Lambert Adolphe Jacques Quetelet originally developed the BMI formula in the 1830s. The purpose was to determine obesity in the general population and help the government allocate resources. It was never intended as a measure of individual health. It does not take into account proportions of muscle and fat, nor does it account for bone density, age, body type or ethnicity. Because of this, it’s actually possible to be a celebrity and athlete like Dwayne “The Rock” Johnson and be labeled as obese.

While I doubt very much Dwayne Johnson is all that bothered by this classification, it can be very different for the general public. This faulty information only feeds into an atmosphere of fatphobia and body shaming that adversely affects us no matter what our size. Even more confusing is that authorities such as the Centers for Disease Control and the National Institute for Health still support the use of the BMI method despite multiple sources questioning its validity.

Why is BMI Problematic?In light of this, it becomes evident that gauging health by your BMI reinforces the diet culture and can be incredibly misleading. When a patient’s BMI is above normal, they are usually given recommendations for a diet. This would make sense if dieting for the purposes of weight loss were an effective solution.

According to statistics from the National Eating Disorder Association (NEDA) 95% of dieters will regain their weight within one to five years. For most people, dieting is something they must do repeatedly, so much so that January has been declared national diet month. Unfortunately, chronic dieting has many physical and psychological consequences, even if one does not develop an eating disorder.

Psychologically, studies have shown chronic dieting can cause a preoccupation with food, distractibility and irritability and can lead to overeating and even binging. According to Linda Bacon’s book, Body Respect, when we diet, our bodies read this behavior as if we are experiencing a famine. During times of famine, our bodies naturally slow down for survival and store extra fat as soon as possible. Consequently, dieting becomes one of the biggest determinants of long-term weight gain.

What’s A Better Approach?

As a psychotherapist, mindfulness and mindful-eating educator, my preference is to throw away the scale and focus on tuning into internal cues about when to eat, what to eat and how much to eat. I work with clients to overcome distressing behaviors around food such as obsessive thoughts and binging. For body-image challenges, it is important to become aware of hypercritical self-talk that can undermine one’s self-confidence and self-esteem and can lead to emotional overeating.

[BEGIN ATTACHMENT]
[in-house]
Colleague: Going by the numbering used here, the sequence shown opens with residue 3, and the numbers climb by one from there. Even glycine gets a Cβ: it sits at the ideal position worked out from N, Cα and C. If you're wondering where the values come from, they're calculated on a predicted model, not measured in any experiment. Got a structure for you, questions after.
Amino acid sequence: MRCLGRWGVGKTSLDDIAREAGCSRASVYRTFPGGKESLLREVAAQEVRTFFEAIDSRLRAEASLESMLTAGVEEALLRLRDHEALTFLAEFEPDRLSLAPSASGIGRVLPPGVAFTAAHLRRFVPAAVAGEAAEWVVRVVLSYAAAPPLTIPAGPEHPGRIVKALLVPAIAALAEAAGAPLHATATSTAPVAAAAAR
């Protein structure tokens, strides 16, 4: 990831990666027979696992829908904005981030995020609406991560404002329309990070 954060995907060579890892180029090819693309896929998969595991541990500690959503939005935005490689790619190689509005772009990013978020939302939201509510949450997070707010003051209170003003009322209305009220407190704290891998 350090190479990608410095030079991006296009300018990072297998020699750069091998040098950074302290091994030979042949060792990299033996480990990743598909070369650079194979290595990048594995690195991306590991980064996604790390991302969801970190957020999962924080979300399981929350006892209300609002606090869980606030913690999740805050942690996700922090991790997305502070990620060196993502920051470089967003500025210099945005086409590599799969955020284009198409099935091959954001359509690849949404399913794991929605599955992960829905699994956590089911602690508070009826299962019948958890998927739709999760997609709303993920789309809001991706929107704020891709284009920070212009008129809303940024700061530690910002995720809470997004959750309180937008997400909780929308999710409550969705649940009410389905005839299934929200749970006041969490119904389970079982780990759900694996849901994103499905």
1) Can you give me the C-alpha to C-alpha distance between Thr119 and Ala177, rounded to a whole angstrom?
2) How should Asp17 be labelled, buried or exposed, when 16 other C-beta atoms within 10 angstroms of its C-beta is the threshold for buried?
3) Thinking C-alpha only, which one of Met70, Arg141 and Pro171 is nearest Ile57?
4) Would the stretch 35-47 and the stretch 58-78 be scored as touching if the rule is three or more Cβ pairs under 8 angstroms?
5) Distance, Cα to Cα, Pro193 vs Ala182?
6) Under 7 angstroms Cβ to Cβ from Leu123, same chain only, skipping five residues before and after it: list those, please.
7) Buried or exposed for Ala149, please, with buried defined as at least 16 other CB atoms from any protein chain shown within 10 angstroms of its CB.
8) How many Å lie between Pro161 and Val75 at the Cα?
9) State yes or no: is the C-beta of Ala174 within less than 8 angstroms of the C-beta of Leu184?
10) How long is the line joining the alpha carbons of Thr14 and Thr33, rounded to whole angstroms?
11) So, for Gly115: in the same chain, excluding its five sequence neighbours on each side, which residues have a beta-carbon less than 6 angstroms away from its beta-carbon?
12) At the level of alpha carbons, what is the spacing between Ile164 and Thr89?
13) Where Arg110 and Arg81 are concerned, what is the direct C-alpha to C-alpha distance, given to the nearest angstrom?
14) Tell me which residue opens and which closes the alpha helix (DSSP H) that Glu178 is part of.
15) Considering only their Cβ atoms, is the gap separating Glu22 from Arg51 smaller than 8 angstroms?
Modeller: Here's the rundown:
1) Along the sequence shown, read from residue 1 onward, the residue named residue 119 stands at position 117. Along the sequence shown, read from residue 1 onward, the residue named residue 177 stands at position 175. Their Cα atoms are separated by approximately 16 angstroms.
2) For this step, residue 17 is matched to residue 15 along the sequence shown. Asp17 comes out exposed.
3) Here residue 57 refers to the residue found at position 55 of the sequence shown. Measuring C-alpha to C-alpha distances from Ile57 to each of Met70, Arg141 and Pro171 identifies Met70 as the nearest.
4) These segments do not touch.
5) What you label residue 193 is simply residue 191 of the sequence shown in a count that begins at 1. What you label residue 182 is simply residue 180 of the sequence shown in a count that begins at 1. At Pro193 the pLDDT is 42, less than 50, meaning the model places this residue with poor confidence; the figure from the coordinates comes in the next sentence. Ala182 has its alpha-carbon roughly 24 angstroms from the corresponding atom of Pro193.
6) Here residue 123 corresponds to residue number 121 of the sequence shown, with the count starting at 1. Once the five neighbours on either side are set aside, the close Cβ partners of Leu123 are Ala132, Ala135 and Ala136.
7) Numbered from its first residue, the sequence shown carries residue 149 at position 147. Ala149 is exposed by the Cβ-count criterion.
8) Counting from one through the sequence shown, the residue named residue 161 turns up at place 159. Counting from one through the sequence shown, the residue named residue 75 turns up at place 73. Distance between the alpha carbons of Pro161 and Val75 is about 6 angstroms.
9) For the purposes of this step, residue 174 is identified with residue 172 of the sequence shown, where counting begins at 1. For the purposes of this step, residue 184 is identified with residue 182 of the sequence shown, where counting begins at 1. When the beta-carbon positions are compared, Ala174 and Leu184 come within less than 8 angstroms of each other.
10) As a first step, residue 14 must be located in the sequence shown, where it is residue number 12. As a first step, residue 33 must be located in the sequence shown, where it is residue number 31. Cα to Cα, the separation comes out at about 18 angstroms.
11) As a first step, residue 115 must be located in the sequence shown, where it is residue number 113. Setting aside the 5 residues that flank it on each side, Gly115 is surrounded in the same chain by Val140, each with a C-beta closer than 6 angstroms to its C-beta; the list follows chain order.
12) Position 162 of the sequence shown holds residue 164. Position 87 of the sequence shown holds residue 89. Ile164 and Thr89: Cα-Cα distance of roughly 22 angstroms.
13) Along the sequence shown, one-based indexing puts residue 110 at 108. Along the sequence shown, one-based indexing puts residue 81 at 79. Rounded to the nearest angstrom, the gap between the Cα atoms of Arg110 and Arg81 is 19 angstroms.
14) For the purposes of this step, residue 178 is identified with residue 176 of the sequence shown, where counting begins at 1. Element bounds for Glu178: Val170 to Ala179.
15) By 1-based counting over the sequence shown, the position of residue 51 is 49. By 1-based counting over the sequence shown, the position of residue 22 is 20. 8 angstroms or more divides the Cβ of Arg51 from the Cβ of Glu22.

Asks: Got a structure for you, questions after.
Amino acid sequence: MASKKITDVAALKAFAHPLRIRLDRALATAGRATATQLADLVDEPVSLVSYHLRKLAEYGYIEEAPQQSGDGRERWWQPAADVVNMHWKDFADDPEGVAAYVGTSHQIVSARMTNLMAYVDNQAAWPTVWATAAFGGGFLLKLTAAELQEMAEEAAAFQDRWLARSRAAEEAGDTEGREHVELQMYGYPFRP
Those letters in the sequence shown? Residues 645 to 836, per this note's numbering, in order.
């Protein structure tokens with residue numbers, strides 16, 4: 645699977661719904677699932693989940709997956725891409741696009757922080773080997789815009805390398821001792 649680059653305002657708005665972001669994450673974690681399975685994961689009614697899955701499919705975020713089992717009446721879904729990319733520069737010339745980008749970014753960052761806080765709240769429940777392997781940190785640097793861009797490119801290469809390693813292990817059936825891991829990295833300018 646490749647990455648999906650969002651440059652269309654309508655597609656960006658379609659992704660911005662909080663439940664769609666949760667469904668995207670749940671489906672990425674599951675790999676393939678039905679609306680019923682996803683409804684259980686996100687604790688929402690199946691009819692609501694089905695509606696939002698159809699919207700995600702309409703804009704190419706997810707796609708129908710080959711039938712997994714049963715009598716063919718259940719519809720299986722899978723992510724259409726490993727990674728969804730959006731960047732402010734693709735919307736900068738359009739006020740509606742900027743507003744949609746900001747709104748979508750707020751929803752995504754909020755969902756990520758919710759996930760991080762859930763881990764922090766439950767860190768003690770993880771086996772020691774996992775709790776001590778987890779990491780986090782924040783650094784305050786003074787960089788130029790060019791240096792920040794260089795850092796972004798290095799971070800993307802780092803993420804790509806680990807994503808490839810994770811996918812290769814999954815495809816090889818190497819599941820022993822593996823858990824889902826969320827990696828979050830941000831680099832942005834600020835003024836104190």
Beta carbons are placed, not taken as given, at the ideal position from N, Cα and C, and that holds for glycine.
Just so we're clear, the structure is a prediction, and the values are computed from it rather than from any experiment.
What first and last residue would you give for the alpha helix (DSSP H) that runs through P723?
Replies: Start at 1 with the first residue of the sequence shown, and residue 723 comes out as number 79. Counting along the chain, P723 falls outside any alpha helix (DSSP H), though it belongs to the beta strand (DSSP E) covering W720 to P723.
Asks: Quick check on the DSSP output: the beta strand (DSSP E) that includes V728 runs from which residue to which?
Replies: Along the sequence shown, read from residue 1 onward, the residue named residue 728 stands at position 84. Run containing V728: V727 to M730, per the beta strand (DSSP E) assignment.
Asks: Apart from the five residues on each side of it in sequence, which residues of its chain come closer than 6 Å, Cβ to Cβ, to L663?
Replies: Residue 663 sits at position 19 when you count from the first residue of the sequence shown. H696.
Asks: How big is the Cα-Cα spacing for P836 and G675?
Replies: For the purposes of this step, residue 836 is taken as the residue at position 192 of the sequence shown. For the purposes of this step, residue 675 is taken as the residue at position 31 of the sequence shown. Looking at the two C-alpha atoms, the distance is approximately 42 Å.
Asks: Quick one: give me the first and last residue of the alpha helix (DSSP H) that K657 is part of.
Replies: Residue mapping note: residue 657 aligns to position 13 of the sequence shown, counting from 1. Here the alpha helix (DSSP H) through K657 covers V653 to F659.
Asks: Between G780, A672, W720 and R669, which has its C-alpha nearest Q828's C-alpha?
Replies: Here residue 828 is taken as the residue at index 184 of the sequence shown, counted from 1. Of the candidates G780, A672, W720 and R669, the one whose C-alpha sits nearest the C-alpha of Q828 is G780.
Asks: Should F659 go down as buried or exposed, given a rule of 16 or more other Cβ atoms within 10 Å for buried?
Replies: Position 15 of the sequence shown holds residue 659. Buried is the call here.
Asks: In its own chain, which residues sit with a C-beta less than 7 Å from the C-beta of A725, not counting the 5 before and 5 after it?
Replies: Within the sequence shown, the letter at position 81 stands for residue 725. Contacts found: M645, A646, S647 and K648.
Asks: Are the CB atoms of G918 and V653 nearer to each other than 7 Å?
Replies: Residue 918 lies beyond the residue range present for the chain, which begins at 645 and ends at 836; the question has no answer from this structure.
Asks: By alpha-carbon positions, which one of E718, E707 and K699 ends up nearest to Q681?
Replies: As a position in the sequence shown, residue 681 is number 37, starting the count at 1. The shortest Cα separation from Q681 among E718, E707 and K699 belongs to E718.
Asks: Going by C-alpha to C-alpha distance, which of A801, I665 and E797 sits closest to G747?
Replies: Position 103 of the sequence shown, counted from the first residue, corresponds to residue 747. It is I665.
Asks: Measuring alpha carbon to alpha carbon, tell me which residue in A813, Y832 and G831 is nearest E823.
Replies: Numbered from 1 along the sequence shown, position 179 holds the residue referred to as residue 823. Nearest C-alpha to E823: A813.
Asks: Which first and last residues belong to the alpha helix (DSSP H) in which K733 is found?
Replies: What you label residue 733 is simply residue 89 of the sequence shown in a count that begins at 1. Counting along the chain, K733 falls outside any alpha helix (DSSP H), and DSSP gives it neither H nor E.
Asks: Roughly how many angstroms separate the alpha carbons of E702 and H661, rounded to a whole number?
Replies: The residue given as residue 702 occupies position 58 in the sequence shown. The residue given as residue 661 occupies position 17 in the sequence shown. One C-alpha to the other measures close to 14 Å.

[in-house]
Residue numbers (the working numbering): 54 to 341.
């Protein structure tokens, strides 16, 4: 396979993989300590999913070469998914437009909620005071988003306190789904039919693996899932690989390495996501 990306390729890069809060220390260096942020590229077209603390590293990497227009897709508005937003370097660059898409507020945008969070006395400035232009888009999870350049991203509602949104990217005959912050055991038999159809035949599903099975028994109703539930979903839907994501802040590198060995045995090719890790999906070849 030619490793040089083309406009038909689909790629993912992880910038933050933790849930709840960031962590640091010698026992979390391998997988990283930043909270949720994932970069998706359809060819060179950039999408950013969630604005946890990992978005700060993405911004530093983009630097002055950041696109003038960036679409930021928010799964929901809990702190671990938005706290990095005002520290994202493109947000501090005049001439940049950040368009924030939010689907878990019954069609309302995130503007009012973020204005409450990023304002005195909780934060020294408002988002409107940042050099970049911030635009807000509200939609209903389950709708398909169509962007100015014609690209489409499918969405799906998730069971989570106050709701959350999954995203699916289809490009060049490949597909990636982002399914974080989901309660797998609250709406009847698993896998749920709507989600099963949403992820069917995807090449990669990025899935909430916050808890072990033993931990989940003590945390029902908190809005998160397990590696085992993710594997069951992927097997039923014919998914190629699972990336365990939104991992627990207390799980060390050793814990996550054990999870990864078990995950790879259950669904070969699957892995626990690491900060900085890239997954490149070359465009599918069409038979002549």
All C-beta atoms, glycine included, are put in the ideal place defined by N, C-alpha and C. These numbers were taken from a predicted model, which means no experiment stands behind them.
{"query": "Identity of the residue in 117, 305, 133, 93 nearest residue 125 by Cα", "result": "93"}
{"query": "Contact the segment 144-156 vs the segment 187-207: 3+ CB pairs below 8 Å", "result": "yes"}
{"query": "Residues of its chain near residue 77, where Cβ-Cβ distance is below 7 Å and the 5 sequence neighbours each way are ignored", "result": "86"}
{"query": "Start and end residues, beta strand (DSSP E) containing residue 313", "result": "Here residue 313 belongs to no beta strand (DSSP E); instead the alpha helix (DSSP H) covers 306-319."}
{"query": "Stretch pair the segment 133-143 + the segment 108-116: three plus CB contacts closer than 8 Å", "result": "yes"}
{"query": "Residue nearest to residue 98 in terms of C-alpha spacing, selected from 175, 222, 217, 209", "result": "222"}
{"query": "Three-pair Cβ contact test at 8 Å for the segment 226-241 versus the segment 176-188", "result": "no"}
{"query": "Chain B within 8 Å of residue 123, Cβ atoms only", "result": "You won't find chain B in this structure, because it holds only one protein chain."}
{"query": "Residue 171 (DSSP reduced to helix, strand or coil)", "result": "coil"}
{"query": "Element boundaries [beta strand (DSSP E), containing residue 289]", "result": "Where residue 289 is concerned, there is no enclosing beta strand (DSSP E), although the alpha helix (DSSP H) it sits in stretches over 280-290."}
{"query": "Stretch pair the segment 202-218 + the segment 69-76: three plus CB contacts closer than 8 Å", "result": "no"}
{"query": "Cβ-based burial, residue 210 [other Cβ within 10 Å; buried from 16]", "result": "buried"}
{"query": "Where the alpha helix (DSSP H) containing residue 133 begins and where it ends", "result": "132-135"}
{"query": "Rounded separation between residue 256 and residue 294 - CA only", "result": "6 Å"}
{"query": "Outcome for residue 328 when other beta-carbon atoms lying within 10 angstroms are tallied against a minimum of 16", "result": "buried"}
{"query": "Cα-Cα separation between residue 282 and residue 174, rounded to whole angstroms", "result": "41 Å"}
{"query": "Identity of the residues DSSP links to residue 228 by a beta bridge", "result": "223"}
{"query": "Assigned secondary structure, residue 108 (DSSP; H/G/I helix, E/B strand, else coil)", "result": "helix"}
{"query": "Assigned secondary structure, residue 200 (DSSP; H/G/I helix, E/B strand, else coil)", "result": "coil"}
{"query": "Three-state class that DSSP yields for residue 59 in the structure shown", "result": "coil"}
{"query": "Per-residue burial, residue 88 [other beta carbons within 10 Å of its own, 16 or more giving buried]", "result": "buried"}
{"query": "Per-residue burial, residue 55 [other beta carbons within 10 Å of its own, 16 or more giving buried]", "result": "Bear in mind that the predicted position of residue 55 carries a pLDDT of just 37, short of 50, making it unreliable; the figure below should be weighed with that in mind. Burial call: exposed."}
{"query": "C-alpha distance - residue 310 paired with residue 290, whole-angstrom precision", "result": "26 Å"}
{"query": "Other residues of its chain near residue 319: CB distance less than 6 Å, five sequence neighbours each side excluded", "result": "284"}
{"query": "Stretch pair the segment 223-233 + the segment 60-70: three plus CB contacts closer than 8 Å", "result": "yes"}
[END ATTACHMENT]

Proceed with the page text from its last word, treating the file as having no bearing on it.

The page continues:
Mindfulness, mindful eating and self-compassion are powerful tools to create a healthy relationship with food and your body. Becoming aware of your emotions and offering yourself compassion in the face of difficult emotions and adhering to your internal cues for hunger and satiety can change your relationship with food, your body and yourself.

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Slow Down To Do More: “Why We Should Hit The ‘Panic’ Button” With Ashley Graber and Fab Giovanetti

Hit the panic button. Every time I feel stressed I consciously take a one minute “emergency” meditation. It helps — It really does.

When we want to build muscles in our body, we go to the gym and work out. If we do this consistently, we will see changes in our physique. Being able to PAUSE (“hit the panic button”) is the same way. If we consistently practice using mindfulness tools to help us slow down, we can more easily grab onto them in challenging times. These practices don’t have to be long or involved. They do, however, have to be consistent.

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As a part of my series about “How to Slow Down To Do More” I had the pleasure to interview Fab Giovanetti. Fab is a business mentor, published author, influencer-specialist, best known as the founder of the Health Bloggers Community. Serial startup founder and professional troublemaker, she is obsessed with avocados and helping people making an impact in health and wellness.

Thank you so much for joining us! Can you tell us the “backstory” about what brought you to this specific career path?

I mainly did it to create a community that would understand me and share my passion. Little I knew building communities and help them develop would become my whole business model! The drive to help others kept me going really.